So being accepted as a functioning human being isn't a basic human right?

by jd142 2005-05-14 03:26AM | 0 recs
The Nature of Rights
So being accepted as a functioning human being isn't a basic human right?

No, it's not. A right is something that is legally enforceable.  You cannot legislate what is in another person's heart. You cannot command that. You must persuade it.  It's a lot more difficult, but a lot more rewarding.  That's where the real struggle lies.

Rights are very important. But ultimately, they are only a means to an end. The end is what Martin Luther King called "the beloved community."

by Paul Rosenberg 2005-05-14 07:29AM | 0 recs
Gay Marriage
There already exists a framework where marriage has two separate identities---the civil part and for those who wish it, the religious part.  Obviously, getting married in front of a judge or a justice of the peace would be enough to legitimize the union.  When a priest, minister, rabbi, etc. conducts the wedding, he/she is performing the civil portion on behalf of the state plus adding the blessing of the particular religion involved.

In the best of all worlds, any consenting adult could marry any other consenting adult as long as no compelling state interest to prevent it.

I believe that the best place to start the process of politicians/candidates speaking out on the issue on the basis of human rights would be the 'red states'.  I suggest this because it would be too easy for a candidate to 'preach to the choir' of a 'blue state' and would not be as major a gain as succeeding with the issue in a 'red state'.

by shadow 2005-05-13 07:39AM | 0 recs
MichiganDemocrat
I am confused on this issue.  As a 49-year old gay man, when I was in my 20's, gays were largely happy not to be gay-bashed when they ventured downtown to "pursue happiness" at the gay tavern.  My, how things have changed.  The gay movement has moved from a fringe element, to a celebrity-driven frenzy on the talk shows in the 80's, to some kind of almost real acceptance in the 90's in the blue states, well, some of the blue states.  In my blue state of Michigan, we don't have a non-discrimination in employment bill, and gays are not included in the hate crimes law.

I am so happy to be alive in a time of increasing openess and acceptance for gays in America.  I envy the young people in their teens and 20's now who are able to live their whole lives in this new dignity and freedom in many parts of the country, particularly on the East and West coasts, and in Chicago.  

Because of my personally devoutly Catholic period ( I'm now a "recovering Catholic"), I was slow to embrace myself fully as a gay man, although I did come out when I was 20, traveled to Ssn Francisco, and was young in the era of disco.  Oh, if I could go back to those days!

Anyway, I agree with both sides.  I think the Democratic Party needs to take a clear stand and stand up for its base and consituentcy. Gay people are, except for blacks, the most loyal Democratic constituency the party has.  To stand up for full marriage rights would send a signal of strength and principle.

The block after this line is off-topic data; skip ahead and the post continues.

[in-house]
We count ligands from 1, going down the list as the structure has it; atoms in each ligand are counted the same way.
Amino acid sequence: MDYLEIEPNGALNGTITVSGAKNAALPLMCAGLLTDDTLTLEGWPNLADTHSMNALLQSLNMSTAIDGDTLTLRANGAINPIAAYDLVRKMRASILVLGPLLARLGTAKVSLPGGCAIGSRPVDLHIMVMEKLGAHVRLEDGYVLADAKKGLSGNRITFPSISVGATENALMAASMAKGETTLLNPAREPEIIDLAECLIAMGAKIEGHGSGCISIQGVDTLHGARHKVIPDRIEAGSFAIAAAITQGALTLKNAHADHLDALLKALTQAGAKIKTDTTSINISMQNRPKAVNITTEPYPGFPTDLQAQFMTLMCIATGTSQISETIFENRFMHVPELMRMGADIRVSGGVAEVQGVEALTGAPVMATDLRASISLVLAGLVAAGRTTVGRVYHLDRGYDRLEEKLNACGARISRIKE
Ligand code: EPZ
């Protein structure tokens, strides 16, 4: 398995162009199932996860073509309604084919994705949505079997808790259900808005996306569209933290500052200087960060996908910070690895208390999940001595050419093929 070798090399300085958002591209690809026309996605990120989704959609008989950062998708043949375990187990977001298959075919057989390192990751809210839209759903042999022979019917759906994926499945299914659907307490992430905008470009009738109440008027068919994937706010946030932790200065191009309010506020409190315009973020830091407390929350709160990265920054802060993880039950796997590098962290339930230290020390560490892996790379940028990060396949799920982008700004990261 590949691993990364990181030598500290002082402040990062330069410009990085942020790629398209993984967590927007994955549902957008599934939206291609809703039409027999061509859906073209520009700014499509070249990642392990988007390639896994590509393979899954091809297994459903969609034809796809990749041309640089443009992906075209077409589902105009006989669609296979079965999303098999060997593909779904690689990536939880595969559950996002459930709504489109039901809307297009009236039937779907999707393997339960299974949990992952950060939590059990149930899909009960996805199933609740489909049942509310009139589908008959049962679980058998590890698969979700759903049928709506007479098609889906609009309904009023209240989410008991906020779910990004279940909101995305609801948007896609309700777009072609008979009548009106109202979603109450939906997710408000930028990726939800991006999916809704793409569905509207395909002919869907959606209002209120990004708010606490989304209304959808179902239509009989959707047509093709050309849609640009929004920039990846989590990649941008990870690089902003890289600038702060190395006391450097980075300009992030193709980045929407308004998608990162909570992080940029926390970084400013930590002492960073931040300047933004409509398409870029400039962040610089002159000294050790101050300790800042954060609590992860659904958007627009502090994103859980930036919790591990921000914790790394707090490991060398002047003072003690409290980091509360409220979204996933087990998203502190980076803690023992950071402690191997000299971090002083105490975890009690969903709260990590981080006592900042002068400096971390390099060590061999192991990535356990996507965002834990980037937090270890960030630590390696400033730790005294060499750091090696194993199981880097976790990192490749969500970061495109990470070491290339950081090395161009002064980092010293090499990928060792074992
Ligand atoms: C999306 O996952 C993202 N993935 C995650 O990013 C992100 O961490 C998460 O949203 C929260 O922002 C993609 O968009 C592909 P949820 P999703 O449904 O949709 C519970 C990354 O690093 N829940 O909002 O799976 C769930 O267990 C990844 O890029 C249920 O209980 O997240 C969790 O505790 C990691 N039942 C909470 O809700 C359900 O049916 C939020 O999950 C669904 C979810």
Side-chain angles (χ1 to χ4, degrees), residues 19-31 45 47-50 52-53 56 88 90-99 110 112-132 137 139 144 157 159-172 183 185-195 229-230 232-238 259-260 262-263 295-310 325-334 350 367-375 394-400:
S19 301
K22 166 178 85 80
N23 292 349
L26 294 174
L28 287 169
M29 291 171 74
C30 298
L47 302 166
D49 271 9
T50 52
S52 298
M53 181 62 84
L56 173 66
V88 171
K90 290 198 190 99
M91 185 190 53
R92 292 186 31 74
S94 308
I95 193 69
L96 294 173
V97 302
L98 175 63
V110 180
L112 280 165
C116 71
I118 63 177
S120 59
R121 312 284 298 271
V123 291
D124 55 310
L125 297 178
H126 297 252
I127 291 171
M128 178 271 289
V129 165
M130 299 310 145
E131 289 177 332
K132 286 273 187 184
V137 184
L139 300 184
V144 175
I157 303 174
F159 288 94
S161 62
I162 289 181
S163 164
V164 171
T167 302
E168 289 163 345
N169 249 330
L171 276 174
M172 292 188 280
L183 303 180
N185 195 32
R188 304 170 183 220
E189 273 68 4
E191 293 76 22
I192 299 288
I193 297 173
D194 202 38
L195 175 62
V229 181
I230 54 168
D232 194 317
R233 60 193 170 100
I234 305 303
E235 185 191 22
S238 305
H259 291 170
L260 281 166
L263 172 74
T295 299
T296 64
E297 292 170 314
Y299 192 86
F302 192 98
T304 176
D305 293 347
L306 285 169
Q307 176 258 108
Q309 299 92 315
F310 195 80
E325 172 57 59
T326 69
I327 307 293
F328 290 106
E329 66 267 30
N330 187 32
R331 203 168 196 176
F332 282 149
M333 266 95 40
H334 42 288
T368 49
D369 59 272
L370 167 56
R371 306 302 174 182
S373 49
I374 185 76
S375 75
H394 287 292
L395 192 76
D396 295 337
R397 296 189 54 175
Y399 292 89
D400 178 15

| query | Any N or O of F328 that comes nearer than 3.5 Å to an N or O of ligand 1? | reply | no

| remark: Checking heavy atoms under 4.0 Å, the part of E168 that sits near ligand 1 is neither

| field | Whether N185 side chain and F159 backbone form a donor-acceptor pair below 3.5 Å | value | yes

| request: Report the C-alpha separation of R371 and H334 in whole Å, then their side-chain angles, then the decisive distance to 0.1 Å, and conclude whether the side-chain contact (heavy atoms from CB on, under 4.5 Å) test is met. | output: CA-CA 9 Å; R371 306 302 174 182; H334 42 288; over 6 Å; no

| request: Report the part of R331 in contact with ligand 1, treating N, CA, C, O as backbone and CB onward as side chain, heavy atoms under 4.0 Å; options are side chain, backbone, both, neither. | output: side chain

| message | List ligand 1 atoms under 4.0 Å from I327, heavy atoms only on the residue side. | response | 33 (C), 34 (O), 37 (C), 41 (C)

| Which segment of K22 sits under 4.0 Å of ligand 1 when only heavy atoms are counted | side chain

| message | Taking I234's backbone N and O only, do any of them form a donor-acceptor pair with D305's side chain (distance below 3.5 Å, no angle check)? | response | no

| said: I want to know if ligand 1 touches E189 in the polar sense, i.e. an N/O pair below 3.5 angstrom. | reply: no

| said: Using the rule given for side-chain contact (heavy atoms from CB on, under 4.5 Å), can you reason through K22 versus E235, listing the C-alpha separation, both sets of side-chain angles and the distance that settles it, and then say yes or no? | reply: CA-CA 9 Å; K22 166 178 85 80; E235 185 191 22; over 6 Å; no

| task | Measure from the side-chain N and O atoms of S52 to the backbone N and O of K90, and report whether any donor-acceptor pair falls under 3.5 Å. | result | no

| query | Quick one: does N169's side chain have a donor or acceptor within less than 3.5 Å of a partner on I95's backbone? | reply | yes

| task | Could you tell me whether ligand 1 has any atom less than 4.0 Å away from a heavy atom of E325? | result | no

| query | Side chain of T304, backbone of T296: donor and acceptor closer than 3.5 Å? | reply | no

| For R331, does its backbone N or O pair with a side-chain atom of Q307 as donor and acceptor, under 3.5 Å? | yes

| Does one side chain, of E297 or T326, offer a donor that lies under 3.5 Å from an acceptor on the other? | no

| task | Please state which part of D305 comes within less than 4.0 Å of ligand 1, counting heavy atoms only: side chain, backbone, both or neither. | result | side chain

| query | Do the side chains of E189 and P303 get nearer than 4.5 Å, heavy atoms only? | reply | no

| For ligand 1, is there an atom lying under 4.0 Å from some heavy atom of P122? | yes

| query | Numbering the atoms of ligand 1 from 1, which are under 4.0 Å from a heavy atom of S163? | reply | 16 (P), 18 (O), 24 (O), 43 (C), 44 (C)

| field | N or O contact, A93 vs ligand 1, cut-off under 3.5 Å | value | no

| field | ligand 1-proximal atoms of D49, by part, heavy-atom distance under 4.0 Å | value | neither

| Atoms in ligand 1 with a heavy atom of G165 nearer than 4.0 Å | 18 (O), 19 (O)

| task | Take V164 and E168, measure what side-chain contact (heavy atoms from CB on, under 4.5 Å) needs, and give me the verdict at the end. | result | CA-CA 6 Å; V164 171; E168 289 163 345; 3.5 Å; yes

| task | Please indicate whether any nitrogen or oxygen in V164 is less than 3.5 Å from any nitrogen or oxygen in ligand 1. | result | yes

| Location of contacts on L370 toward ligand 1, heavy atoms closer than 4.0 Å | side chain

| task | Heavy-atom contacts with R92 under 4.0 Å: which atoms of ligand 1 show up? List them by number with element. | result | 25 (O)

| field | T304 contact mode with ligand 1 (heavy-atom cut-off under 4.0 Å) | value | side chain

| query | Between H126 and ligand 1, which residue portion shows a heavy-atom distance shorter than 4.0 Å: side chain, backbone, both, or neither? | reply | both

However, we must remember that marriage has a long history of particular meaning and nuances to millions of people, particularly the religious.  But, are these people going to vote Democratic anyway?  The devoutly Catholic have left the party over abortion, and some of them also, like the white Southerners, the older ones, began leaving in the late 60's and 70's because of civil rights.

I think the Democratic Party has an image of nominees who are wishy-washy and no clear principles on major issues besides pro-choice.

The Democratic Party should committ itself to full marriage rights for gay people as a matter of principle.  We may lose some, or a lot of votes, but over time we might gain lots of others, particularly among the up and coming young voters who have grown up without homophobia and have gay friends and might be attracted to a party which committs itself on principle to fairness.

Even though I belive thare was major manipulation of the 2004 election, the one reason why millions of people voted for Bush was that, even if they did not agree with him on some issues, they thought he was a strong leader and felt they knew where he stood.  Sadly, the same thing could not be said for John Kerry.  (Much of this was matter of perception, and not fair to Kerry, but we can cast lots of blame on the corporate media for pushing that perception of Kerry as a flip-floper>

Sometimes, as the beer commercial says, you got to go for the gusto.  This is one of those times.  

by MichiganDemocrat 2005-05-13 09:14AM | 0 recs
Re: MichiganDemocrat
So the Democratic base is gays?
by Alex Urevick 2005-05-13 09:39AM | 0 recs
This Idea Brought To You By Bad Idea Jeans...
Why the hell do we keep focusing on Republican wedge issues?

How about, instead of playing right into the hands of our adversaries on the right, we simply change the subject when people bring up the non-issue?

Reporter: "Senator- what is your stand on gay marriage"

Senator: "Why the hell are you talking about gay marriage when working men and women in this country can't find a decent job, when health care has become a privlidge instead of a right, when the government has ceased protecting its citizens from predatory and uscrupulous banks and credit card companies?"

R: "But Senator, your opponant has said that you would force every man to have sex with a dog."

S: "I'm not sure why my opponant is so focussed on sex when there is a war going on. Does my opponant have such disregard for our troops that he's rather switch the topic away from them and their saftey? Why does my opponant hate our nation?"

Etc, etc.

The next person who says that we should take a strong stand on gay marriage, abortion, or religion in general gets voted off the island!!!

by Alex Urevick 2005-05-13 09:38AM | 0 recs
Vote me off the island